A good dose of Healthy Skepticism:
Learn what works for you
Each of us is inside our body and we know what it feels like better than the M.D. ever will.
By Kate Braun / The Rag Blog / October 31, 2009
This writing contains no footnotes. No references or links to studies done or research published. What I write comes from my personal experience and experimentation. It comes from the personal experiences of friends and family. It’s more information to use as needed as we do our best to maintain good health. And caring for our physical body is primarily our responsibility.
We can consult medical professionals, we can do online research, we can canvass friends; ultimately, we have to decide what to do or not do to keep our bodies in good working order. It’s important to keep an open mind about what the possibilities are. Print media and TV ads present a variety of pitches urging us to “take this pill” so we will improve our health so we can dance all night and live happily ever after. What’s needed to balance this image, in my opinion, is a good dose of Healthy Skepticism.
M.D.’s treat symptoms. That’s what they’re trained to do. Each of us is inside our body and we know what it feels like better than the M.D. ever will. Listen to your body. You can learn to recognize the onset of a cold before you ever blow your nose. That’s when you should start treating a cold, as soon as you feel it beginning to work on you. Could be vitamins, could be eating lots of grapefruit, could be a pot of chicken soup, could be whatever works best for you. Experiment. Be your own guinea pig. And keep a diary of what you’ve tried to relieve the various discomforts and how well those things have worked or not.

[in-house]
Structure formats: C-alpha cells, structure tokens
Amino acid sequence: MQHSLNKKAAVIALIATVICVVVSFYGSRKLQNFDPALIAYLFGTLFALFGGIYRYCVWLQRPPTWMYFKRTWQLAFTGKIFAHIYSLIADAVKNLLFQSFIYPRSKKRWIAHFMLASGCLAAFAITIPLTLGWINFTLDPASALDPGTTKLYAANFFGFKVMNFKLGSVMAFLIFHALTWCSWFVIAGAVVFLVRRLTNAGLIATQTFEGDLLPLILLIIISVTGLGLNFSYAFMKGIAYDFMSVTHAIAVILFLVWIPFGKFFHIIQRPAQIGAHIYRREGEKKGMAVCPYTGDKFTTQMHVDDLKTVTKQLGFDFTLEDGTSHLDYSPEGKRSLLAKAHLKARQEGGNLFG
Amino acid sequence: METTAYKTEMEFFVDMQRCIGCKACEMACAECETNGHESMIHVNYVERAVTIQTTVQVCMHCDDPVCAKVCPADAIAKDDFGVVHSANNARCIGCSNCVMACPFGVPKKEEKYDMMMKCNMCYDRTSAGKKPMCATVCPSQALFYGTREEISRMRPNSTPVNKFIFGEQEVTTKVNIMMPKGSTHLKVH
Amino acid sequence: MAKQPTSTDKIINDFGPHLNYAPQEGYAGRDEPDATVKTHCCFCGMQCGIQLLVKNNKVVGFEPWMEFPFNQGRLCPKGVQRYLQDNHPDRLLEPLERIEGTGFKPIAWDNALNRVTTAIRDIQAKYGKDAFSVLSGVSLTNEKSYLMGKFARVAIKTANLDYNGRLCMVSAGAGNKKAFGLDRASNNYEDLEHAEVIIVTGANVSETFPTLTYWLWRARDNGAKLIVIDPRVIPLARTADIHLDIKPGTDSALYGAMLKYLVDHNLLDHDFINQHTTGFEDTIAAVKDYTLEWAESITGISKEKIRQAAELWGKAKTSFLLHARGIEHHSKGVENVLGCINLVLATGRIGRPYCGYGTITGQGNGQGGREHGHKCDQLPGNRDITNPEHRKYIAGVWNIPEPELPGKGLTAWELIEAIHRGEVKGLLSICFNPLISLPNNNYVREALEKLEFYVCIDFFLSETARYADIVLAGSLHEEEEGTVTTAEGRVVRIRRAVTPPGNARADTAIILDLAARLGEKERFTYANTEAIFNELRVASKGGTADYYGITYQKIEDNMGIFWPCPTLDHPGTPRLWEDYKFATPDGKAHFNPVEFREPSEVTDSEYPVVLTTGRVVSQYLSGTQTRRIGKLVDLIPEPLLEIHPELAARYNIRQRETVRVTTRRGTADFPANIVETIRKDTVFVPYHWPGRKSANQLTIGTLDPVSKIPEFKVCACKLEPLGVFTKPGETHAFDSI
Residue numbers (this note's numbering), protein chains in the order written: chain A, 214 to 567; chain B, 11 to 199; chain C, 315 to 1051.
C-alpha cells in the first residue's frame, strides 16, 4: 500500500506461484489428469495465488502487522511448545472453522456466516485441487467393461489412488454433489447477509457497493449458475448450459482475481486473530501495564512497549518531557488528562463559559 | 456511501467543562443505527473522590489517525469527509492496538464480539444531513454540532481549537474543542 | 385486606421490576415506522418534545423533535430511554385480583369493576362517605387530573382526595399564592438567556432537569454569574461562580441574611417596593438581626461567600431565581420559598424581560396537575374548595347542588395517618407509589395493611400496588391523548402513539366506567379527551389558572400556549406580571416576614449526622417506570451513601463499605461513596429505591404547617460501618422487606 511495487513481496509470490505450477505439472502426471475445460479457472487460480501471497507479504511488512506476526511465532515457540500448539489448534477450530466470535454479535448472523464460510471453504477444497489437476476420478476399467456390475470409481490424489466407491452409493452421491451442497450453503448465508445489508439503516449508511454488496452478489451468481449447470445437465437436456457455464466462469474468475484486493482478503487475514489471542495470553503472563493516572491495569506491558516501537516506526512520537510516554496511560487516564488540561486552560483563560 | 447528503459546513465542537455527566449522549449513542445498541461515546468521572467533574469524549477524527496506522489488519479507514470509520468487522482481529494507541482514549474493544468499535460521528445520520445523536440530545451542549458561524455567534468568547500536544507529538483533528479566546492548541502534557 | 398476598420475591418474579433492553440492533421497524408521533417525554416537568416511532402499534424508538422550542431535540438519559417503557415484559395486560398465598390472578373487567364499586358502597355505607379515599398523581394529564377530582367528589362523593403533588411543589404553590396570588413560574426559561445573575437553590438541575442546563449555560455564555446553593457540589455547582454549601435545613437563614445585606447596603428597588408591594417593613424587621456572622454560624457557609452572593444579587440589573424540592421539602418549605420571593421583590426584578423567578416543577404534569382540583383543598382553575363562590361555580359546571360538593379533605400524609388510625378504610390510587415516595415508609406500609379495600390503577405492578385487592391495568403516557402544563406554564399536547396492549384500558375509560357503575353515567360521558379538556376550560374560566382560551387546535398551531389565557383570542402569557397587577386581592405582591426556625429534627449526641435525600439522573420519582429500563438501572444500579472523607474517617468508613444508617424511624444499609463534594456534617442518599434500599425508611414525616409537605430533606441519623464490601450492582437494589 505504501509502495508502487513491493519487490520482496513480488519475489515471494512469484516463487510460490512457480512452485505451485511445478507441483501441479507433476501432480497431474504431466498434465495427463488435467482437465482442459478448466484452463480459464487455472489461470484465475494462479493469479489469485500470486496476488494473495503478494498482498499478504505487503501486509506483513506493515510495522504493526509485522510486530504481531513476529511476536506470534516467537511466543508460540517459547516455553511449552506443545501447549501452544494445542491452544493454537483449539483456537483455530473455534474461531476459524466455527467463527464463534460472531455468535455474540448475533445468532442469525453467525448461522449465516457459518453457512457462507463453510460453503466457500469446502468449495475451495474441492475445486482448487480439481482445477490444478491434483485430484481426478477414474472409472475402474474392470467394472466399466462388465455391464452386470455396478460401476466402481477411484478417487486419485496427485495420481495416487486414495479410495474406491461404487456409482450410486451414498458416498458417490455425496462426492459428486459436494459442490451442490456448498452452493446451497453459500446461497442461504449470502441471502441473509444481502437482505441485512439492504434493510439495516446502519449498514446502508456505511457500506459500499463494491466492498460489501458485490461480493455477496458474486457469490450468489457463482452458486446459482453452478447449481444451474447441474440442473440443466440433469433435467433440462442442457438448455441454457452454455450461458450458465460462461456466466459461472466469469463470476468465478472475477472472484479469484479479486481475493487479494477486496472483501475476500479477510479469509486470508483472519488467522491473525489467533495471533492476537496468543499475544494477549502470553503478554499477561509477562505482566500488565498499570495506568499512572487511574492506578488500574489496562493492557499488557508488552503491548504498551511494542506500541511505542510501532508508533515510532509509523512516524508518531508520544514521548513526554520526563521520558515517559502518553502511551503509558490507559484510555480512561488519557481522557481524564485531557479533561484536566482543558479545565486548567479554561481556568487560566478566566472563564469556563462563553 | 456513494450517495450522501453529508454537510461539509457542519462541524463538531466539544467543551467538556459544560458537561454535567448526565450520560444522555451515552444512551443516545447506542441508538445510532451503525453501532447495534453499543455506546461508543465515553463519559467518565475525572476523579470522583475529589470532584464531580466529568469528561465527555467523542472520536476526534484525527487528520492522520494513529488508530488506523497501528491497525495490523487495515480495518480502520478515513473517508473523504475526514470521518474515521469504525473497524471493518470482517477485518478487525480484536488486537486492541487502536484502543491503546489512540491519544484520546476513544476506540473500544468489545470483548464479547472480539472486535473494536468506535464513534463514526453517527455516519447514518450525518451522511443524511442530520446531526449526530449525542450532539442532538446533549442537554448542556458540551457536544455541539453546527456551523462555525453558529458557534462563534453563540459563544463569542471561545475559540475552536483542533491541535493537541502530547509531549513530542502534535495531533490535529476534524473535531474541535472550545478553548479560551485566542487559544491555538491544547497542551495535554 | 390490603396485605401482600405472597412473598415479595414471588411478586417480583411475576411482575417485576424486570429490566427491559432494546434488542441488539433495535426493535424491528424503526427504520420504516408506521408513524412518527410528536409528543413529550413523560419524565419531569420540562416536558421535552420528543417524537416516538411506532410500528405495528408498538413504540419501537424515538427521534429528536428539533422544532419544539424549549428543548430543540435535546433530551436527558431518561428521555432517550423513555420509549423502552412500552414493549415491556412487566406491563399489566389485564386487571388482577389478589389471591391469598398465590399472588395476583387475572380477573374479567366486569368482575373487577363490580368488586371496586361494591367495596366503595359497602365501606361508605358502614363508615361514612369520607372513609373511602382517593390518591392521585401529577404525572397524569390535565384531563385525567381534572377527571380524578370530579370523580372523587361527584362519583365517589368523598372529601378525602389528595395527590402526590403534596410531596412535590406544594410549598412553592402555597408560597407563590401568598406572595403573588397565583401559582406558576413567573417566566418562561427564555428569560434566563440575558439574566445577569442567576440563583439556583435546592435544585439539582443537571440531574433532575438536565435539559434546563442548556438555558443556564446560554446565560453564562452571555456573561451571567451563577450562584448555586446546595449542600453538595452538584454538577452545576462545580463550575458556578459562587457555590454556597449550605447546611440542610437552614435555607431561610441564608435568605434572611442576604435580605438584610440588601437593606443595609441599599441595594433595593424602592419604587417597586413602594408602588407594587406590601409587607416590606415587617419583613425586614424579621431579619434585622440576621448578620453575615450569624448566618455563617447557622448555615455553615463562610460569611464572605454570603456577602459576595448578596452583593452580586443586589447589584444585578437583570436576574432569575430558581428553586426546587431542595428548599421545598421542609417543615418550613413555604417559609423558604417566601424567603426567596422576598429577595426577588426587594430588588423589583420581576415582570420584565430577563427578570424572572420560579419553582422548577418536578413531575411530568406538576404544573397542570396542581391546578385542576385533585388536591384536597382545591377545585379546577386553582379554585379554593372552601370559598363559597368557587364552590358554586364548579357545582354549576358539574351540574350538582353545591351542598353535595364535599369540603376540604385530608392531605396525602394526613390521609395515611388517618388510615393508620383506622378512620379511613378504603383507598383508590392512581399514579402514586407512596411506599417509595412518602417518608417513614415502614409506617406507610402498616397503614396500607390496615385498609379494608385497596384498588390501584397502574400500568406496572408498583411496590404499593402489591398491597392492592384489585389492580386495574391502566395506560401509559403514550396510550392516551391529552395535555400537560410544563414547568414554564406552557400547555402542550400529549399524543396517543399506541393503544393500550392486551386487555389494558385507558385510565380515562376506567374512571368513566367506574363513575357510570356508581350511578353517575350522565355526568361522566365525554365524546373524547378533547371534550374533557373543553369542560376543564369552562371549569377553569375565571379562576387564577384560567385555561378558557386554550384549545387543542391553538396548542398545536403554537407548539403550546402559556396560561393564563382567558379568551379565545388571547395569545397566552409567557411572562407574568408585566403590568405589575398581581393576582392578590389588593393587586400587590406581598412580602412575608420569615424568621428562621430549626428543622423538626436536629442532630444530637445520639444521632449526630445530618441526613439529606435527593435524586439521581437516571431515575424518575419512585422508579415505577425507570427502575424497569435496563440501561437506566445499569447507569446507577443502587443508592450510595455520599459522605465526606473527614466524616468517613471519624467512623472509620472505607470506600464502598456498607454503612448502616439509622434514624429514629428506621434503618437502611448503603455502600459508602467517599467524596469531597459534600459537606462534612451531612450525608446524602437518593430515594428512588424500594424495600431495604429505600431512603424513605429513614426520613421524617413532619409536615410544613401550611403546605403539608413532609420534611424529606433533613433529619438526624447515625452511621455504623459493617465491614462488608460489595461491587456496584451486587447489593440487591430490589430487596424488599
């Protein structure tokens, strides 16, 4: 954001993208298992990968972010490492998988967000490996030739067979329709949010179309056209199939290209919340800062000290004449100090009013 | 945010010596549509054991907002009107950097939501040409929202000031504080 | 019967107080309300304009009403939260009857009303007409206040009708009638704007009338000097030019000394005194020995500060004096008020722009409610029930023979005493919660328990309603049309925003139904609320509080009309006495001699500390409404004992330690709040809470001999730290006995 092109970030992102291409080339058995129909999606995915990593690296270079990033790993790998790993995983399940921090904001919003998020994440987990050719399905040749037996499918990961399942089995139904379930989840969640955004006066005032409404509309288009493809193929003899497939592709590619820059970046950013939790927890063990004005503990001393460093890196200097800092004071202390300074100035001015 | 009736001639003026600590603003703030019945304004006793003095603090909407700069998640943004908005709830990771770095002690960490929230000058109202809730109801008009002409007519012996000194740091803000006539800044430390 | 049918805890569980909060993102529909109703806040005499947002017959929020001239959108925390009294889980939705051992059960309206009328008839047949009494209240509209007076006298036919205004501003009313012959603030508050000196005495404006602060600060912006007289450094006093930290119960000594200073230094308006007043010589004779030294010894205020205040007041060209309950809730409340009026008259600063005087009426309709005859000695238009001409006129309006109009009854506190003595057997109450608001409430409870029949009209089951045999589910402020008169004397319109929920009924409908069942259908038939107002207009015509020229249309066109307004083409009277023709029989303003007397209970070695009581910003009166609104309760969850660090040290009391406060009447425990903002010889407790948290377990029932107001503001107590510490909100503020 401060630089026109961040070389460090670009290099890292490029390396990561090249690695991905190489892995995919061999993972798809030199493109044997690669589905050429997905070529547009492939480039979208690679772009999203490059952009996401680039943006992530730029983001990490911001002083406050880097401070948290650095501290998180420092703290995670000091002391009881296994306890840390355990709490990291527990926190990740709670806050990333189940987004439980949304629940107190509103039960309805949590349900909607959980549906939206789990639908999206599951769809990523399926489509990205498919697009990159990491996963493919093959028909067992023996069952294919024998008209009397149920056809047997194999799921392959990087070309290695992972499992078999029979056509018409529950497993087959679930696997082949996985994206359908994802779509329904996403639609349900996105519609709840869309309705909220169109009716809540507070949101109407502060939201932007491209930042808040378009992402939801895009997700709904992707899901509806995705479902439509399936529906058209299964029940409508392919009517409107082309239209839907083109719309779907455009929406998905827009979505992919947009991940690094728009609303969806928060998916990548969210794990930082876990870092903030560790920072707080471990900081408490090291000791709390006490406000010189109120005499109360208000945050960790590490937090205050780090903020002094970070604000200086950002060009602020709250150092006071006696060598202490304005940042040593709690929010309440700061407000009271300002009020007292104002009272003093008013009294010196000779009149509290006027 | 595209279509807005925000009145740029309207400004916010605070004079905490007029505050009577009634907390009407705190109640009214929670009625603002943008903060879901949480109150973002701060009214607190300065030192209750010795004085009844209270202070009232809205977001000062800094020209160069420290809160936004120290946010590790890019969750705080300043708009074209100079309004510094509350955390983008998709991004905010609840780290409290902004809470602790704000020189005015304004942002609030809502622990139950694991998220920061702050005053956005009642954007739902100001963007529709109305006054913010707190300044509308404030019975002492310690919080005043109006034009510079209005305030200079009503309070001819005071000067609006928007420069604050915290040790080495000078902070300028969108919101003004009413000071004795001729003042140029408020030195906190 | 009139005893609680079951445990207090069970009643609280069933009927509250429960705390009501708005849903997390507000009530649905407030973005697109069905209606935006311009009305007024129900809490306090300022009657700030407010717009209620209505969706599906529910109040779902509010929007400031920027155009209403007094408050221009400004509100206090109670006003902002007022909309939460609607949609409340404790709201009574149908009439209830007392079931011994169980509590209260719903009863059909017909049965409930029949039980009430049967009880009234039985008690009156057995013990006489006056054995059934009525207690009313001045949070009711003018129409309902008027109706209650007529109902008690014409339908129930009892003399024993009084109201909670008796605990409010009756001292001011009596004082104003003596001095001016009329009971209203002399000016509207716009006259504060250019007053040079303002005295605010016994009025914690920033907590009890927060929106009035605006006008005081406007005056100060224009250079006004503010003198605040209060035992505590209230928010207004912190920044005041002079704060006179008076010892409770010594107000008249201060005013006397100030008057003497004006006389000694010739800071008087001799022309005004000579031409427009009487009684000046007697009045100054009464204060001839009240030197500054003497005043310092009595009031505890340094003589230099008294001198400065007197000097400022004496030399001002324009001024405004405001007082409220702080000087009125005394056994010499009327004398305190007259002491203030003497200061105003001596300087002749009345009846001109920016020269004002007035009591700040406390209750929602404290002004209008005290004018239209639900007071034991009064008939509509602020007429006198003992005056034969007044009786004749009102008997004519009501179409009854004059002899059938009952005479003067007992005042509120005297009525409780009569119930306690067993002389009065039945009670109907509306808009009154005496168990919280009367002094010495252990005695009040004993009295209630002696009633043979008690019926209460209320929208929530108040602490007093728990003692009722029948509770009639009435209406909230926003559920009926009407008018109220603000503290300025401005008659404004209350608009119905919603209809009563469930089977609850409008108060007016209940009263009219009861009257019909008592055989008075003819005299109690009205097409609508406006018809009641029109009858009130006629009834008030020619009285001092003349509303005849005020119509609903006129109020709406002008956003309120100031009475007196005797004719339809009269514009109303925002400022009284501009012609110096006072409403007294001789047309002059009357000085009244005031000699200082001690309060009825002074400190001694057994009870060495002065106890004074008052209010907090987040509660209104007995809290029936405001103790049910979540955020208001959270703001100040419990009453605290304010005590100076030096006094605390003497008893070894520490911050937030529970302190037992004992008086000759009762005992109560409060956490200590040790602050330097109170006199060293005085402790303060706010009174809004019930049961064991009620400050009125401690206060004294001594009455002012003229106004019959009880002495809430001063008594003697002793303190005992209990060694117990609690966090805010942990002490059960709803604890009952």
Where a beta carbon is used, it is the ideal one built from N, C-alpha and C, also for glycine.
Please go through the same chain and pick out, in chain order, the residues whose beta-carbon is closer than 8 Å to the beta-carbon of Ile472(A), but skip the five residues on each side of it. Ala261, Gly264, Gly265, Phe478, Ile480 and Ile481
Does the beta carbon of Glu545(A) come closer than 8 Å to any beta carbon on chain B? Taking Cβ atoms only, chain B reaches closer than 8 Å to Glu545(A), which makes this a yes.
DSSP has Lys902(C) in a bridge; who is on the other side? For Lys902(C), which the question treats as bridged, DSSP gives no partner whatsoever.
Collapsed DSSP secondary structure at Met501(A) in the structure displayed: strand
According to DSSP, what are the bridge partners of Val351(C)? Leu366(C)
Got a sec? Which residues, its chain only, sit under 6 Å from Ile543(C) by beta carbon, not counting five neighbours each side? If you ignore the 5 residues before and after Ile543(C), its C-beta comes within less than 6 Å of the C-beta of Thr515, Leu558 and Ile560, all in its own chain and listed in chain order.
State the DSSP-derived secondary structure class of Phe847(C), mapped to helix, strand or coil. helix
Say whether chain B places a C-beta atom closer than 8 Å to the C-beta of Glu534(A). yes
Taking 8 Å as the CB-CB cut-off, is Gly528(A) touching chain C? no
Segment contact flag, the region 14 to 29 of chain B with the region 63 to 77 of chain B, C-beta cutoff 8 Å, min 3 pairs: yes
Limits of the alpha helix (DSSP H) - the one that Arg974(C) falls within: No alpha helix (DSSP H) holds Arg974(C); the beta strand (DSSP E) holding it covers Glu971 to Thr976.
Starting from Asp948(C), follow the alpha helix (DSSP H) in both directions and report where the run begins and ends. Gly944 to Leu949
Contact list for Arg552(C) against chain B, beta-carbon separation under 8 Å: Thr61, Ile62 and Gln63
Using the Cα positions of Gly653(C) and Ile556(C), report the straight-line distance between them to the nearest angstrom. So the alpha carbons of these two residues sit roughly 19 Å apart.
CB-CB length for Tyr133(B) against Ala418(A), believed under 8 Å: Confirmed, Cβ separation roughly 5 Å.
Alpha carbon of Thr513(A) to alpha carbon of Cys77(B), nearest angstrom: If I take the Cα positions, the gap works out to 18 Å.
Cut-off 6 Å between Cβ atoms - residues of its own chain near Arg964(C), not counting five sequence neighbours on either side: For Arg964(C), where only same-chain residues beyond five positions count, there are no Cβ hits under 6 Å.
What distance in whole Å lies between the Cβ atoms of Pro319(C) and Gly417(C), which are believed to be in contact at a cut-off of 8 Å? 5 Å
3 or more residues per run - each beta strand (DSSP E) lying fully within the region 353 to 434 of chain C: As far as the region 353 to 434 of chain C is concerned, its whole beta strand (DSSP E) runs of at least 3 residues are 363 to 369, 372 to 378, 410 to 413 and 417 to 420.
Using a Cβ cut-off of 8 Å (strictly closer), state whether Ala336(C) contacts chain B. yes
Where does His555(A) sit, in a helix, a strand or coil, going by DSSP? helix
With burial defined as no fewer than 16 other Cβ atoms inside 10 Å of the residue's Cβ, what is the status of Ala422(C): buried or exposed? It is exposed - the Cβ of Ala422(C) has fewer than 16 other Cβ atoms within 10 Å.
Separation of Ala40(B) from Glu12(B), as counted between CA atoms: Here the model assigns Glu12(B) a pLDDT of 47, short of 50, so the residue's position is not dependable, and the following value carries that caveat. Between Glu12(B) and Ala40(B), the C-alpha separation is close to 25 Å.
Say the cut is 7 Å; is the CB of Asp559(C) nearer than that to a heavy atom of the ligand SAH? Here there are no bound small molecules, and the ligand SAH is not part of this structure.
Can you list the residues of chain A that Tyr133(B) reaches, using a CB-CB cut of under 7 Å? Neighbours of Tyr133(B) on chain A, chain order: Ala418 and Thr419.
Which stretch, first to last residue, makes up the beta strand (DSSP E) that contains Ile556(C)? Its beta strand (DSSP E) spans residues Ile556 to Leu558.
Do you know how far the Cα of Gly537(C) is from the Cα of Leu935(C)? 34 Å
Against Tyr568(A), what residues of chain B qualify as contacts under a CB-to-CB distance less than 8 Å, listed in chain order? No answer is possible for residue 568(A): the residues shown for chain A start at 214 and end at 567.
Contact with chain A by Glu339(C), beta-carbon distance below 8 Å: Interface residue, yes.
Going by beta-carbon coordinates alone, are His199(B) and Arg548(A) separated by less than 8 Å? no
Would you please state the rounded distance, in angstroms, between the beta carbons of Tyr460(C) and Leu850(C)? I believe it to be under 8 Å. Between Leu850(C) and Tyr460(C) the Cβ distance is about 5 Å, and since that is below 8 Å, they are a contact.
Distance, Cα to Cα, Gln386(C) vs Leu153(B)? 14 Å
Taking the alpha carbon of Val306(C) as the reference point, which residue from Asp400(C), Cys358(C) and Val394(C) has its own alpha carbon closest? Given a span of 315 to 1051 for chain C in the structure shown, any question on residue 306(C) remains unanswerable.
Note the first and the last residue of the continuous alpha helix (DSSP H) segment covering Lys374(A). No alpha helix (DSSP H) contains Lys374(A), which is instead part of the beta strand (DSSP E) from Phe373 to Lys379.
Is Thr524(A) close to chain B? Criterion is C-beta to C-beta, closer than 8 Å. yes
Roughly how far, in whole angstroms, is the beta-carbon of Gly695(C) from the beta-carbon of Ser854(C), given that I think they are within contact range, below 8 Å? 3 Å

If you are hospitalized, even if it’s day surgery, and you are anesthetized, Watch Your Tongue, starting from when you regain consciousness, for at least 24 hours. There are some Bad Germs in hospitals. They can Eat Your Tissue. If you notice something unusual on your tongue, a sore place, a dent, something that wasn’t there before you entered the hospital, take action. Don’t call the M.D.’s office and make an appointment for next week, grab the bottle of hydrogen peroxide and apply a drop to that sore spot. Hydrogen peroxide will quickly destroy the bacteria that are busily eroding your tongue tissue.
If sensors were applied to your chest while you were hospitalized, note the location and monitor those sites. There could be tiny sharp points in the sensors that could penetrate your skin, which would give viruses and bacteria a place to enter and grow. Again, applying a drop of hydrogen peroxide to each achy site can help. If you tell your M.D. about it, he might decide to give the O.R. crew a lambasting for improperly or incompletely sterilizing the equipment or he might not, but if you put it in writing and send it by certified mail there will be a paper trail to be followed should it prove necessary.
If you eat healthy food, get enough sleep and enough proper exercise, maintain a positive attitude, take vitamins as needed, explore alternatives in health care, learn to listen to your body, and cultivate Healthy Scepticism, my opinion is that you’ll be OK.
A big problem with trying to maintain a healthy lifestyle is not only the ever-present and ever-tempting fast food but also the fat-laden foods doled out to low-income families, as well as ads on TV that continually encourage us to consume more calories than needed. Supersized is Not Better! Read the labels when you buy food. Say “NO” to high fructose corn syrup, phosphates, artificial color, fake wheat bread, sugared cereals, refined sugar. Eat seasonal items, buy local as much as possible, eat lower on the food chain, read Fast Food Nation and re-read Diet For a Small Planet. Remember: You Are What You Eat.
I don’t claim to have all the answers for all and everyone. I know what works best for my body and I try to stay with that regimen. Not always possible, of course, but mostly possible. Perseverance furthers. When you understand what works for you, persevere.